How about "pure virtual methods"?
noamr at remove.the.dot.myrea.lbox.com
Wed Dec 22 01:27:35 CET 2004
Jeff Shannon wrote:
> Except that unit tests should be written to the *specification*, not the
> implementation. In other words, forgetting a complete method would
> require that you forget to write the method, *and* that you failed to
> translate the specification into unit tests *for that same method*.
You are absolutely right - but when you are not that tidy, and don't
have a written specification apart from the code, it would be natural to
go over each method in the class definition, and write a test to check
if it does what it should. I'm not saying that it's the ideal way, but
it is not that bad, usually.
> In the context of changing an existing interface, a unit-testing
> scenario would mean that, instead of installing a "pure virtual" method
> on a base class, you'd change the unit-tests to follow the new
> specification, and then write code that would pass the unit tests. If
> you are subclassing from a common base, then you'd only need to change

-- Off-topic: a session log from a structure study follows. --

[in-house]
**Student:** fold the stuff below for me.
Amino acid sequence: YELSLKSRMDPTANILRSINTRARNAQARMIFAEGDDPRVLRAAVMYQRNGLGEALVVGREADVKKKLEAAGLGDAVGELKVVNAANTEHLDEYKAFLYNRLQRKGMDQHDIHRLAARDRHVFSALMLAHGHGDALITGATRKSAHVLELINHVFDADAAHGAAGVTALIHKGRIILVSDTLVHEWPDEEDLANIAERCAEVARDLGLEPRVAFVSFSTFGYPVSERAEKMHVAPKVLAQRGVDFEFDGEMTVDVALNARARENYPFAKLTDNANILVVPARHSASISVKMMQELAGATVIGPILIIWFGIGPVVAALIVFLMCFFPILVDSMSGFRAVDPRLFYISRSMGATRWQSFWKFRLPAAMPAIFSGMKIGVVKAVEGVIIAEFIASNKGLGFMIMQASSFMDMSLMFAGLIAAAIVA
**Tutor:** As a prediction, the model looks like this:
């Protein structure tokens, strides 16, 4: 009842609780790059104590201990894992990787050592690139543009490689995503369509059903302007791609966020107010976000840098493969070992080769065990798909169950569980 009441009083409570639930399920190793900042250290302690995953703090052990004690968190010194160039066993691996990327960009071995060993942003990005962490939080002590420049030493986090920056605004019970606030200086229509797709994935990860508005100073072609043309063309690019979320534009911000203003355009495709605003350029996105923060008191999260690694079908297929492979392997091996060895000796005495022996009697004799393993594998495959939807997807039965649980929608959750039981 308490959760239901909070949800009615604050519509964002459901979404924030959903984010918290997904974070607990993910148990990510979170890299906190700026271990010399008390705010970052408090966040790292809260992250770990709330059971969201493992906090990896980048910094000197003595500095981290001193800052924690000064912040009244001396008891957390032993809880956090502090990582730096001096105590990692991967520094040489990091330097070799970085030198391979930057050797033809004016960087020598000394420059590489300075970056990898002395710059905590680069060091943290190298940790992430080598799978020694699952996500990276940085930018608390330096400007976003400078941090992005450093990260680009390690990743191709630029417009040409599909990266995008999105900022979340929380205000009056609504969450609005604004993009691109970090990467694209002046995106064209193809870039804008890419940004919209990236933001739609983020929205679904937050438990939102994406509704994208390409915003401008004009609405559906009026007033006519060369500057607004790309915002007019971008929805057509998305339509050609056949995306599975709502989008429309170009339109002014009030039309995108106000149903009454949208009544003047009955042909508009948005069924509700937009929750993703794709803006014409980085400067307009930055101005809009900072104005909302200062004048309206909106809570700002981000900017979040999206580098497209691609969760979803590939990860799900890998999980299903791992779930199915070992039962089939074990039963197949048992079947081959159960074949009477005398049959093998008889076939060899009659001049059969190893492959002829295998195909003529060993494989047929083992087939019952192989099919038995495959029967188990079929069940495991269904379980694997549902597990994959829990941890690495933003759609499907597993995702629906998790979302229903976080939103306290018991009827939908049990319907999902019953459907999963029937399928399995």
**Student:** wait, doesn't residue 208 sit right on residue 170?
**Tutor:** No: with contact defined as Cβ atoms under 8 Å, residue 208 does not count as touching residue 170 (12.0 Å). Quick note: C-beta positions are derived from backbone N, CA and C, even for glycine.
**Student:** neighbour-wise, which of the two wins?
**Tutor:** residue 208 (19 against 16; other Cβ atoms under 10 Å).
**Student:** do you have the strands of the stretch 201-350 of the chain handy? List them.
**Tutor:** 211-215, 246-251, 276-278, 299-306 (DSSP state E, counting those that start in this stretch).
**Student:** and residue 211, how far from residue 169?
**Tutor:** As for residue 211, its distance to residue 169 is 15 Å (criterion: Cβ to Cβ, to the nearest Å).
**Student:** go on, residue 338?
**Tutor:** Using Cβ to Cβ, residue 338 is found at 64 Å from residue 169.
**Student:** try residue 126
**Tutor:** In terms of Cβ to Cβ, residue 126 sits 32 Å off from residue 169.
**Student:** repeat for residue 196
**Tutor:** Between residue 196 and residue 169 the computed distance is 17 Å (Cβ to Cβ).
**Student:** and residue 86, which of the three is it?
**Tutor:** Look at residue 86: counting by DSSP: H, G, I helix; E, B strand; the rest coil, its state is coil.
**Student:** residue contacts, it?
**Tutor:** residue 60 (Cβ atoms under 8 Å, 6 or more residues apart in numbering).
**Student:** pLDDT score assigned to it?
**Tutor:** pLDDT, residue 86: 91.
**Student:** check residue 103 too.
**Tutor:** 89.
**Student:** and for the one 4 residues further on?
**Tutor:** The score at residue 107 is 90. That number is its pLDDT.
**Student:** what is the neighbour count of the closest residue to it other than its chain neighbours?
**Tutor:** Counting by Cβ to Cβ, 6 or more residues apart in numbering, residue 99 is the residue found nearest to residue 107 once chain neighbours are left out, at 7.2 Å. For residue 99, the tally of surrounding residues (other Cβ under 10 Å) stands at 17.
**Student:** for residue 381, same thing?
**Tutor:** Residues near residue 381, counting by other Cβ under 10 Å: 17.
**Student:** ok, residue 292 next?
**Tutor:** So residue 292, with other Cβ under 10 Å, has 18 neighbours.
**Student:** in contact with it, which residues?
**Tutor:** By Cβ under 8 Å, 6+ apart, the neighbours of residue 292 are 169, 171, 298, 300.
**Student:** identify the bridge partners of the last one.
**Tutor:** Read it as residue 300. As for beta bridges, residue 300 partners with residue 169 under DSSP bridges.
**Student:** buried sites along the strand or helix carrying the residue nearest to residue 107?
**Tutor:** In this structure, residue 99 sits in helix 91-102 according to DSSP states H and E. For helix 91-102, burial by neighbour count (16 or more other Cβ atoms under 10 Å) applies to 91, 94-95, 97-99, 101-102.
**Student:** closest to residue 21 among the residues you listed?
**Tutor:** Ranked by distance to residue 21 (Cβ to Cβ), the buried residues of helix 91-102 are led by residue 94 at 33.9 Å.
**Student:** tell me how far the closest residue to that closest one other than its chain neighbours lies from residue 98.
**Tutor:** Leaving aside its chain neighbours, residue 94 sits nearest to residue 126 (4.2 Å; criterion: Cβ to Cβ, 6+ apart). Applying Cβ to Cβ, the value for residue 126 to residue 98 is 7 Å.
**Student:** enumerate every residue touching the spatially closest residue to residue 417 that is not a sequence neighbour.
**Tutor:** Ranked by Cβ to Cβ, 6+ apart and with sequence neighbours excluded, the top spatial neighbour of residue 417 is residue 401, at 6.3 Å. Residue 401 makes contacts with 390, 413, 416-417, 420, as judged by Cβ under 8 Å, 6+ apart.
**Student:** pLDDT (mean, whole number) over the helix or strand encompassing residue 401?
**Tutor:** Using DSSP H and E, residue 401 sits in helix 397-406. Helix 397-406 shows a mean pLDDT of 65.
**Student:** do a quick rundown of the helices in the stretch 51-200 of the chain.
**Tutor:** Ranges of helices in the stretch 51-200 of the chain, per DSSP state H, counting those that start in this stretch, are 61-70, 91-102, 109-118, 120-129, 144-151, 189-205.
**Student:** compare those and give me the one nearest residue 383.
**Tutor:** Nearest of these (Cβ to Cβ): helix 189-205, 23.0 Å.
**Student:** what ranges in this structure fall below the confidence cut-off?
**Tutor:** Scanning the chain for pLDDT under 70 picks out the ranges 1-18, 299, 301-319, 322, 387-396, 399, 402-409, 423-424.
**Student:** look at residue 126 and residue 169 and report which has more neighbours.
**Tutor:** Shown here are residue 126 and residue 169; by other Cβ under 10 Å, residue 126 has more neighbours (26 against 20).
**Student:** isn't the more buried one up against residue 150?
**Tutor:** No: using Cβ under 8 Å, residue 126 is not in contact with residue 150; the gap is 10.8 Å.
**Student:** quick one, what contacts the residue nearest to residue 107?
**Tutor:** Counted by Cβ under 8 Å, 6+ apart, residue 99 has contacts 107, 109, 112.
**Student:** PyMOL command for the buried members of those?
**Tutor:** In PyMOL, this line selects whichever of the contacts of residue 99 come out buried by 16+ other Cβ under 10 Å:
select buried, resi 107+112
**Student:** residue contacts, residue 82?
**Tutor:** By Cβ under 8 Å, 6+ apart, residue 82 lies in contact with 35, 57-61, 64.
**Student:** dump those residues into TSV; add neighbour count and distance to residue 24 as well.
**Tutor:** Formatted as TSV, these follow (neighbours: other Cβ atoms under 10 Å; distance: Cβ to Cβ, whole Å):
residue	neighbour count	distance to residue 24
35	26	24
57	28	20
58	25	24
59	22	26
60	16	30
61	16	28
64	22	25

> the unit test for that common base class (presuming that all derived
> classes would run those unit tests as well).
The problem is that I couldn't write a general unit test, since the base
class wasn't instantiable - there wasn't even any point in making it
instantiable, since every subclass was constructed with different
argument definition. They were just required to provide some methods
(check whether they contain an object, for example) - I don't know how
to write a unit test for such a base class, or what does it mean. (Well,
it may mean: check whether all the required methods exist, but come on -
that's exactly the idea of my suggestion. There's no point in having to
write the list of required methods another time).
> Jeff Shannon
> Credit International
Thanks for your comment. You're welcomed to reply if you don't agree.
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